This appendix describes how to calculate key sizes for native indexes.
This section describes the following:
As described in the section about Schema indexes, there are limitations to how large the key size can be when using native indexes. This appendix describes in detail how the sizes can be calculated.
It is useful to know how to calculate the size of a single value when calculating the total size of the resulting key. In some cases those entry sizes is different based on whether the entry is in an array or not.
Type  elementSize_{ifSingle} *

elementSize_{ifInArray} **



2 
1 

3 
2 

5 
4 

9 
8 

5 
4 

9 
8 

1 
1 

8 
8 

12 
12 

8 
8 

16 
16 

12 
12 

28 
28 

28 
28 

28 
24 

36 
32 

28 
24 

36 
32 




† 
Nested arrays are not supported 
* elementSize_{ifSingle}
denotes the size of an element if is a single entry.
** elementSize_{ifInArray}
denotes the size of an element if it is part of an array.
*** utf8StringSize
is the size of the String
in bytes when encoded with UTF8.
† elementSize_{Array}
is the size of an array element, and is calculated using the following formulas:
If the data type of the array is a numeric data type:
elementSize_{Array} = 3 + ( arrayLength * elementSize_{ifInArray} )
If the data type of the array is a geometry data type:
elementSize_{Array} = 5 + ( arrayLength * elementSize_{ifInArray} )
If the data type of the array is nonnumeric:
elementSize_{Array} = 2 + ( arrayLength * elementSize_{ifInArray} )
String encoding with UTF8  

It is worth noting that common characters, such as letters, digits and some symbols, translate into one byte per character. NonLatin characters may occupy more than one byte per character. Therefore, for example, a string that contains 100 characters or less may be longer than 100 bytes if it contains multibyte characters. More specifically, the relevant length in bytes of a string is when encoded with UTF8. 
Consider the string His name was Måns Lööv
.
This string has 19 characters that each occupies one byte.
Additionally, there are three characters that each occupy two bytes per character, which add six to the total.
Therefore, the size of the String
in bytes when encoded with UTF8, utf8StringSize, is 25 bytes.
If this string is part of a native index, we get:
elementSize = 2 + utf8StringSize = 2 + 25 = 27 bytes
Consider the array [19, 84, 20, 11, 54, 9, 59, 76, 82, 27, 9, 35, 56, 80, 65, 95, 16, 91, 61, 11].
This array has 20 elements of the type Int
.
Since they are in an array, we need to use elementSize_{ifInArray}
, which is 4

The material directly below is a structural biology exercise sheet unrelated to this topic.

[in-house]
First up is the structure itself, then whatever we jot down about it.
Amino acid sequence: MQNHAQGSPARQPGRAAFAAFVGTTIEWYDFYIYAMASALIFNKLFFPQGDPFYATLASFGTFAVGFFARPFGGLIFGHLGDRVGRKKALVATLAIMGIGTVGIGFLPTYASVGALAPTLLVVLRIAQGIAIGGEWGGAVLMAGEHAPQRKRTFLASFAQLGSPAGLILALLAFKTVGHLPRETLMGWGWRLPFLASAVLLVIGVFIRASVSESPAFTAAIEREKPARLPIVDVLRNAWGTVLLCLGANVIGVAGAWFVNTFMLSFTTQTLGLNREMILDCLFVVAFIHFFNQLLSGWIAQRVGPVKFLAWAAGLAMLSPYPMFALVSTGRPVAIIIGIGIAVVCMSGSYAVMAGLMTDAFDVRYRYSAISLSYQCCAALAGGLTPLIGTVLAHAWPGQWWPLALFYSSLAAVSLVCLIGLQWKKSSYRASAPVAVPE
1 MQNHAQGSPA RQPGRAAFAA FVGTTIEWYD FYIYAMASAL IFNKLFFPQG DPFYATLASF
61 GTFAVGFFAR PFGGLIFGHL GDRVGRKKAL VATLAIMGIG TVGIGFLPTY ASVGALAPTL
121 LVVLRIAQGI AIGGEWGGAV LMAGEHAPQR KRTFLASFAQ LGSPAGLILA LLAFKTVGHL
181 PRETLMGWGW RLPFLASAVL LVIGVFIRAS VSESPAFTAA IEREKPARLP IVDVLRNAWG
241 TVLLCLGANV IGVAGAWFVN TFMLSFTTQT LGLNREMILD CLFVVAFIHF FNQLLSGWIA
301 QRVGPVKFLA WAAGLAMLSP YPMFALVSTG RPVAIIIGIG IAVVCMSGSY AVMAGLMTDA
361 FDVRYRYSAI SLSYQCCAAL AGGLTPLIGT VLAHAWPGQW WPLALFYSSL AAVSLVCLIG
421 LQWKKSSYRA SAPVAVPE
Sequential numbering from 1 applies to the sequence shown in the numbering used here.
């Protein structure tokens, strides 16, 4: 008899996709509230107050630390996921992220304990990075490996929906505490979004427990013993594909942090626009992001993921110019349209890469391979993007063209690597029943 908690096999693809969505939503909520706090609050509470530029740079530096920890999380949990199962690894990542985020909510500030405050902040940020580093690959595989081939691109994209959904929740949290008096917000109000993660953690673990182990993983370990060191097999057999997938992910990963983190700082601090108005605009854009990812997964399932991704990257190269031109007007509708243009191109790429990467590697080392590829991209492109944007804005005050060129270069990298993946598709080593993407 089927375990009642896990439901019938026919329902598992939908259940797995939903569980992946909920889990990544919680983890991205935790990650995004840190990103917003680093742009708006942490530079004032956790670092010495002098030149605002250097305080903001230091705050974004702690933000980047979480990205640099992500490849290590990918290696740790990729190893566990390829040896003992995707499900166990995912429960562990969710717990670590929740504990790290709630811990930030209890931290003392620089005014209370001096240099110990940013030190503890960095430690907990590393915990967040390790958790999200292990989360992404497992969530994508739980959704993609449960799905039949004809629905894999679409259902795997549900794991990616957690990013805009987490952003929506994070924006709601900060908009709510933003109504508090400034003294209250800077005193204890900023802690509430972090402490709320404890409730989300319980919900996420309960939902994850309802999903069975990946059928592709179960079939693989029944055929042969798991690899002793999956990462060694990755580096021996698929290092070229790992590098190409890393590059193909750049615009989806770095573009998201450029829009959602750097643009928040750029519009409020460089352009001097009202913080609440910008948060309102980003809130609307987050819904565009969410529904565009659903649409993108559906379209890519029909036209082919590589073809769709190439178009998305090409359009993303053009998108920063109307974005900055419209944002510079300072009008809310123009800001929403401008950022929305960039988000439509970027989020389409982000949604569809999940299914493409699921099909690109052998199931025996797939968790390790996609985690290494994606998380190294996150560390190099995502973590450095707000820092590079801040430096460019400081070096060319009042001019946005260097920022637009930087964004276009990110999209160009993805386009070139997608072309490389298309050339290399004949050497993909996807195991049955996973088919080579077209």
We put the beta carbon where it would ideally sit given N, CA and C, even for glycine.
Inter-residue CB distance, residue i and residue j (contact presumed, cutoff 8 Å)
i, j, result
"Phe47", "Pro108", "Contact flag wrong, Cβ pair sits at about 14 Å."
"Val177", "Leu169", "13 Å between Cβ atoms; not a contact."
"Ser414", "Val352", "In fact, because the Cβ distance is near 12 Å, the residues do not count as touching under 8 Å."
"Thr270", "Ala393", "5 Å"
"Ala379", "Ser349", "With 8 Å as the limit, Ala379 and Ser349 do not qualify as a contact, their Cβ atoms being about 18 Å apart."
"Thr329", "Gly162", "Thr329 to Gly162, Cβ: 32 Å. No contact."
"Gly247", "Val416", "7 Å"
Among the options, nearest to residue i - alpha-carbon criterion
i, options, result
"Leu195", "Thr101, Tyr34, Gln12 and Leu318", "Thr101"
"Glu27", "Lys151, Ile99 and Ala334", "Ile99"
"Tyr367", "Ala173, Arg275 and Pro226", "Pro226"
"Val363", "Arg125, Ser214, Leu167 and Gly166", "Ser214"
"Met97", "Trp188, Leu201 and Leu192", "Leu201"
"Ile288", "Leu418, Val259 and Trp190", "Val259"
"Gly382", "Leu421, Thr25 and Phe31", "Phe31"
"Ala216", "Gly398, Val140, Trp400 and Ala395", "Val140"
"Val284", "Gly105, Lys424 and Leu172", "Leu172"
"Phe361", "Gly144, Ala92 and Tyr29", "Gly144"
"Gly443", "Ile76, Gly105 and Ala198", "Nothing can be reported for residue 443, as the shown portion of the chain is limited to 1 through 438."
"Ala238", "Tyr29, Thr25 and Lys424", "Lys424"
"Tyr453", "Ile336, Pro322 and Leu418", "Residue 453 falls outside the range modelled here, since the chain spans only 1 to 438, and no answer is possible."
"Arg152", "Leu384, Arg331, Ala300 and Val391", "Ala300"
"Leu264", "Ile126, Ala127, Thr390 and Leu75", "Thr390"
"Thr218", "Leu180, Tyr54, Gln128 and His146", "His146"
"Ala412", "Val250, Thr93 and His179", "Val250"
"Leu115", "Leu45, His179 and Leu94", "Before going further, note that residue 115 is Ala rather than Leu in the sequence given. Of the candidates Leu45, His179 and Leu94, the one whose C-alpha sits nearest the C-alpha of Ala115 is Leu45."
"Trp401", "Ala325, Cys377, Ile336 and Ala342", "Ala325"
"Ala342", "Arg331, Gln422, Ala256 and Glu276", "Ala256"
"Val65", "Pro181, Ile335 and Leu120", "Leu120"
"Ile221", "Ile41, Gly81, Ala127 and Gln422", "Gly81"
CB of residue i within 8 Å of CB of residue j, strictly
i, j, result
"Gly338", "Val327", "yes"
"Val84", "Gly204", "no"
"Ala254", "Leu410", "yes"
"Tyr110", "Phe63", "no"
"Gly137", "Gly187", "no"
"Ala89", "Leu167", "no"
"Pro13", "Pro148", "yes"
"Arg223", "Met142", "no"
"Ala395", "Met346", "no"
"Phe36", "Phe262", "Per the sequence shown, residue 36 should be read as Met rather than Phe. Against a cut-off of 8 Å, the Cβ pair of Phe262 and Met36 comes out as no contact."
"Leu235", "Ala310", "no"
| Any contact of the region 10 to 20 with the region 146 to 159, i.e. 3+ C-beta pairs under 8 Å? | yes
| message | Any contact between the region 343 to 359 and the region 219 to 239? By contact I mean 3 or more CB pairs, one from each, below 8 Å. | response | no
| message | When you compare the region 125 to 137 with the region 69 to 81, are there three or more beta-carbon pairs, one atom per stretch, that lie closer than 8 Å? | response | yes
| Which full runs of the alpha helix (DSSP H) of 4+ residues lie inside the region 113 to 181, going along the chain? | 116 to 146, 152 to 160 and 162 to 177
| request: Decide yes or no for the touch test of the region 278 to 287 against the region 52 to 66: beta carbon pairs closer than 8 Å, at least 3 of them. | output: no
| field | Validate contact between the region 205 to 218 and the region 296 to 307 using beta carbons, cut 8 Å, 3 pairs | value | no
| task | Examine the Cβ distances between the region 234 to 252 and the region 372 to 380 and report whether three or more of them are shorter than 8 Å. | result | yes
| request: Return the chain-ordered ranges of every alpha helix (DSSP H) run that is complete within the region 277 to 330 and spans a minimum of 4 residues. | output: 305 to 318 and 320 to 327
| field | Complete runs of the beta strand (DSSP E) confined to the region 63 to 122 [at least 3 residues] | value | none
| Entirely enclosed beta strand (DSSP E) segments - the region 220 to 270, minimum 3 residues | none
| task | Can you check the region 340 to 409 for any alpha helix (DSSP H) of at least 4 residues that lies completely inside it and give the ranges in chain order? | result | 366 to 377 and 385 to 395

for Int
.
Applying the formula for arrays of numeric data types, we get:
elementSize_{Array} = 3 + ( arrayLength * elementSize_{ifInArray} ) = 3 + ( 20 * 4 ) = 83 bytes
The only way that a noncomposite index can violate the size limit is if the value is a long string or a large array.
Strings in noncomposite indexes have a key size limit of 4036 bytes.
The following formula is used for arrays in noncomposite indexes:
1 + elementSize_{Array} =< 4039
Here elementSize_{Array}
is the number calculated from Table D.1, “Element sizes”.
If we count backwards, we can get the exact array length limit for each data type:
maxArrayLength = FLOOR( ( 4039  3  1 ) / elementSize_{ifInArray} )
for numeric types.
maxArrayLength = FLOOR( ( 4039  2  1 ) / elementSize_{ifInArray} )
for nonnumeric types.
These calculations result in the table below:
Data type  maxArrayLength 


4035 

2017 

1008 

504 

1008 

504 

4036 



504 

336 

504 

252 

336 

144 

144 

168 

126 

168 

126 
Note that in most cases, Cypher will use Long
or Double
when working with numbers.
Properties with the type of String
are a special case because they are dynamically sized.
The table below shows the maximum number of array elements in an array, based on certain string sizes:
String size  maxArrayLength 

1 
1345 
10 
336 
100 
39 
1000 
4 
The table can be used as a reference point. For example: if we know that all the strings in an array occupy 100 bytes or less, then arrays of length 39 or lower will definitely fit.
This limitation only applies if one or more of the following criteria is met:
We denote a targeted property of a composite index a slot
, and the number of slots numberOfSlots
.
For example, an index on :Person(firstName, surName, age)
has three properties and thus numberOfSlots = 3
.
In the index, each slot is filled by an element.
In order to calculate the size of the index, we must have the size of each element in the index, i.e. the elementSize
, as calculated in previous sections.
The following equation can be used to verify that a specific composite index entry is within bounds:
numberOfSlots + sum( elementSize ) =< 4039
Here, sum( elementSize )
is the sum of the sizes of all the elements of the composite key as defined in the section called “Element size calculations”, and numberOfSlots
is the number of targeted properties for the index.
Consider a composite index of five strings that each can occupy the maximum of 500 bytes.
Using the equation above we get:
numberOfSlots + sum( elementSize ) = 5 + ( 5 * ( 2 + 500 ) ) = 2515 < 4039
We are well within bounds for our composite index.
Consider a composite index of five arrays of type Float
that each have a length of 250.
First we calculate the size of each array element:
elementSize_{Array} = 3 + ( arrayLength * elementSize_{ifInArray} ) = 3 + ( 250 * 4 ) = 1003
Then we calculate the size of the composite index:
numberOfSlots + sum( elementSize_{Array} ) = 5 + ( 5 * 1003 ) = 5020 > 4039
This index key will exceed the key size limit for native indexes.
To work around this, it is possible to create the index using the lucene+native2.0
index provider, as described in the section called “Workarounds to address limitations”, but please note that this index provider has been deprecated.